‘The Heavens Gate’ rock feature near Ibiza.
You are going to be spending some time in the ports you embark and disembark from. These aren’t just logistical points; they’re opportunities for further enrichment. Take an extra day to discover what’s beyond the harbour. It’s not merely about filling time; it’s about making the entire journey worthwhile.
What to Do in Ibiza
Ah, Ibiza. It’s not just a playground for the rich and famous; it has a rich history too. Take a step back in time and visit Dalt Vila, the UNESCO-listed old town, with its medieval fortress walls and charming cobbled streets. The Archaeological Museum is a treasure trove of Carthaginian and Roman artefacts.
Beyond the beats of electronic music, you’ll find a rich culture influenced by Moorish, Roman, and Carthaginian history. Keep an eye out for local festivals, including the traditional Spanish celebrations and processions.
Sites of Interest to a Sailor
While we tend to avoid marinas like the plague, Ibiza has plenty of alluring headlands and bays for a sailor to enjoy. A sail past the mystical rock of Es Vedra is almost obligatory. It’s said to be the third most magnetic spot on the earth; navigational instruments tend to go haywire, so it’s a true test for any seasoned sailor.
Ibiza is synonymous with world-class nightlife, with clubs like Pacha and Ushuaia setting the bar high. But there are also flamenco shows, live bands and beachside DJs to keep you entertained.
From traditional Spanish tapas to high-end gastronomy, Ibiza has it all. Be sure to try some local dishes like “bullit de peix,” a hearty fish stew.
If you’re a bit of an adventurer, Ibiza’s hiking trails in the north will appeal. There are also some spectacular beaches that are less frequented by tourists—perfect for when you’re ashore and keen to escape the crowds.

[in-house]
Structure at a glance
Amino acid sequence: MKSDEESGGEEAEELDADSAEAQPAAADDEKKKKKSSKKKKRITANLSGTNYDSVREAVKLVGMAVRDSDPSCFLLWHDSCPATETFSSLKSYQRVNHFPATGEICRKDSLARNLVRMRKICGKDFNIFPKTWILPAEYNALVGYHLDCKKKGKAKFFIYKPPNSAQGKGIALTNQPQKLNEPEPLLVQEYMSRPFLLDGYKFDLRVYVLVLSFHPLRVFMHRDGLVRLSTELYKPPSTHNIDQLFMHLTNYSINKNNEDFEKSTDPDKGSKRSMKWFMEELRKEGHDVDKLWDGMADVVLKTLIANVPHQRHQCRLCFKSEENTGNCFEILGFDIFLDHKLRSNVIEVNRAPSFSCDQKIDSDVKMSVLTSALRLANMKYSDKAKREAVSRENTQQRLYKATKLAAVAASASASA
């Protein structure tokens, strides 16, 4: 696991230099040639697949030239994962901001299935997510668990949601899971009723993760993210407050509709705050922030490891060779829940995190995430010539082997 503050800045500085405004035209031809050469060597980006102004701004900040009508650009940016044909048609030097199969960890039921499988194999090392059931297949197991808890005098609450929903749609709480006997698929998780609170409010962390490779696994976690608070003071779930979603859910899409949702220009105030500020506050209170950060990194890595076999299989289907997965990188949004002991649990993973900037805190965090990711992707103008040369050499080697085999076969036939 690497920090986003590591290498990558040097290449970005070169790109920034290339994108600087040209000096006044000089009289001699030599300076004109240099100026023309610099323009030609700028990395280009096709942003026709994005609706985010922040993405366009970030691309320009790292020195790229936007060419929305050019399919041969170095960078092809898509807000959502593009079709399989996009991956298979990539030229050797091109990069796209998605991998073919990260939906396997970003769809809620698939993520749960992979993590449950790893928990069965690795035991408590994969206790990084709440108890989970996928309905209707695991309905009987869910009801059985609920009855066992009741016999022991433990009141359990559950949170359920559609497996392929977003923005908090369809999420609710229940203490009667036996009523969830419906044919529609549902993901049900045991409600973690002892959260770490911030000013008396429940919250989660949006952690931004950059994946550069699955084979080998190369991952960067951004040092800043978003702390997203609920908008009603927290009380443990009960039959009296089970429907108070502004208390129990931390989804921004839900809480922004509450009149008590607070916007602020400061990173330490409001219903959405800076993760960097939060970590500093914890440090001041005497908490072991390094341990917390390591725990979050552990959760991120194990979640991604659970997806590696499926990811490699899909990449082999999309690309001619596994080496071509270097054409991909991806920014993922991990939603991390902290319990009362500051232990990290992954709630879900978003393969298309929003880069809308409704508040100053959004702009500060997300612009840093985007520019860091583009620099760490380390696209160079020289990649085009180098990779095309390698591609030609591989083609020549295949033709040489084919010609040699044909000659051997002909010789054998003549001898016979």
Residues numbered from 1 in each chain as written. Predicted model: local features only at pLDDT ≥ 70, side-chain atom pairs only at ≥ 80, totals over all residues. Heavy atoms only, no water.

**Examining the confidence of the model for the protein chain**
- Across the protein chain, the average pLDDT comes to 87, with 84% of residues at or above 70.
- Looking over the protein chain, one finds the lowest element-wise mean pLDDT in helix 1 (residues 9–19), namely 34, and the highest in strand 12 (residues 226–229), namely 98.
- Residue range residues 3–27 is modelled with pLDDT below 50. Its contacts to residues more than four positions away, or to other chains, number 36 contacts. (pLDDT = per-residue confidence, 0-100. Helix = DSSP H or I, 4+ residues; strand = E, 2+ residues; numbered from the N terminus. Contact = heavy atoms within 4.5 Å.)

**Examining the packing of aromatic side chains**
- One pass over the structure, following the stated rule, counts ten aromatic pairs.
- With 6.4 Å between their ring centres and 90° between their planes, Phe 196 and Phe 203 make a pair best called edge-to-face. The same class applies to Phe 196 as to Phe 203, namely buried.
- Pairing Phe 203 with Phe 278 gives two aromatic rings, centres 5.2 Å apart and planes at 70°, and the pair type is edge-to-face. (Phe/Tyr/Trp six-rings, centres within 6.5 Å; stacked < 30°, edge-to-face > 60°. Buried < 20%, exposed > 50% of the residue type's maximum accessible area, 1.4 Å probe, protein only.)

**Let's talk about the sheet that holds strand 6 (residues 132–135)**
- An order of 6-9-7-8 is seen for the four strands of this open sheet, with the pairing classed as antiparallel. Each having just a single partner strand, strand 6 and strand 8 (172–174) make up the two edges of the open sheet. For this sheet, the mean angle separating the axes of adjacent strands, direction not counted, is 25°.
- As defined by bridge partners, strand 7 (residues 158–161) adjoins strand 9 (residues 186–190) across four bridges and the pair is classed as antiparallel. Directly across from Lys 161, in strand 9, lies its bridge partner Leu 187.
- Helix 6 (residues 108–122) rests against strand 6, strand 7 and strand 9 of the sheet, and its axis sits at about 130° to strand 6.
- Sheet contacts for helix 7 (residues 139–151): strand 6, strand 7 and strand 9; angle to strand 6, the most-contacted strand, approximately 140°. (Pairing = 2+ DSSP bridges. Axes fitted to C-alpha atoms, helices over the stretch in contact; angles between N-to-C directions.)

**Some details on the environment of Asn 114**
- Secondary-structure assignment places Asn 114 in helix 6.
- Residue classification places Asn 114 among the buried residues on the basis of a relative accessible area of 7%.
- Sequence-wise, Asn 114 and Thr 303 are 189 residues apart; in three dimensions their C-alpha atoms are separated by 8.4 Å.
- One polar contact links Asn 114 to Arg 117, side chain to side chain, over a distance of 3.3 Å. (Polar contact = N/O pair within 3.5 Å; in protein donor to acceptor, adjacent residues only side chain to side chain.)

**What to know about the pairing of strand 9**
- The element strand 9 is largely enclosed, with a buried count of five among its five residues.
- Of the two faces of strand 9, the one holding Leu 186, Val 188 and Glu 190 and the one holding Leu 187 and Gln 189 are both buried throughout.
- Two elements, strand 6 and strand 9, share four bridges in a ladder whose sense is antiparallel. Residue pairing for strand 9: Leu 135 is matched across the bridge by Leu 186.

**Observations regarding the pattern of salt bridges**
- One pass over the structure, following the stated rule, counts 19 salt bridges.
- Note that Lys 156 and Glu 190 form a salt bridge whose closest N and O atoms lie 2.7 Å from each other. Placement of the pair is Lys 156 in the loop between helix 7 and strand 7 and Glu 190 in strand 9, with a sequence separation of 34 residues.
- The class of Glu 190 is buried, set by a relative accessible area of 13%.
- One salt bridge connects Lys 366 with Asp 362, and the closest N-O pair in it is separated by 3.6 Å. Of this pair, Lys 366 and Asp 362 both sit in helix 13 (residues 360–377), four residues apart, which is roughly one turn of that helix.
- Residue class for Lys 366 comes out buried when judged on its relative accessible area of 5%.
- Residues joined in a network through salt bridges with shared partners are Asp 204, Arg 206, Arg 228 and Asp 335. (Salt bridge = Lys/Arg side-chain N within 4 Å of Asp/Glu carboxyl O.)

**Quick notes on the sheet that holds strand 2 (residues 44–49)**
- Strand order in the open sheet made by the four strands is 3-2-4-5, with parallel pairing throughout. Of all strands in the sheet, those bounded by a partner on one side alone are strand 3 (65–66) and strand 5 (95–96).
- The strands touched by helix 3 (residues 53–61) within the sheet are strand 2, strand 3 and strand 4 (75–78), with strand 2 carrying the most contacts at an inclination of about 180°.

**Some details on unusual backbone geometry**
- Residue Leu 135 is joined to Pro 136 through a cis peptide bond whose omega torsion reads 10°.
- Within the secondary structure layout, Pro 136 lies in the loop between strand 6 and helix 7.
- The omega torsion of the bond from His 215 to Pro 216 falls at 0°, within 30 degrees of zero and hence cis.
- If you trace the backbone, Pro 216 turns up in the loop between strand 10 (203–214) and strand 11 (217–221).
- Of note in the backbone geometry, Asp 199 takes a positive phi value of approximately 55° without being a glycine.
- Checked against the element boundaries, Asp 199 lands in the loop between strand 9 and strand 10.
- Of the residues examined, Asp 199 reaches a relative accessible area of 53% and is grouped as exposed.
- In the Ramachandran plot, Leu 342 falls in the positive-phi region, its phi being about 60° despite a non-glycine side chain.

Ibiza’s salt flats are a natural wonder, and the sunsets there are something to write home about. The island also has a more spiritual side, with a variety of wellness retreats and even a hippy market.
Well-known hotels include the Ushuaia Ibiza Beach Hotel for the party-centric, and the Hacienda Na Xamena for those looking for a quieter, more luxurious experience.
Official Tourist Website
For more information, check out the official tourist website.
Summer is hot and dry, perfect for sailing and beach activities. Autumn sees milder temperatures and fewer crowds. Winter is cooler but still relatively mild, and spring brings blooming flowers and an uptick in temperature.
Sea and Beyond: A Responsible Mariner’s Guide
Since you’re already investing in a unique sailing adventure, why not extend that spirit to your travel choices? Opt for more sustainable methods of transport where possible like trains, coaches or sharing a car. If you fly, and we realise this may well be the case, you could research some ways to offset the carbon created by the flight.
If you have a special interest that you would like to find out about for this port or to tell us about, we would love to hear from you.
How to Get There
UK Flights are plentiful from various UK airports. However, you could opt for a train to a Spanish port and then a ferry, adding another dimension to your adventure.
Europe Well-connected by flights from major European cities, Ibiza is easy to reach. Alternatively, mainland ferries from Barcelona or Valencia are available.
North America Flights typically connect through a major European city. No direct sail routes, but once you’re in Europe, you have options.
Australia A long-haul flight connecting through a European or Middle Eastern airport will get you to Ibiza. Given the distance, why not turn it into a multi-stop adventure?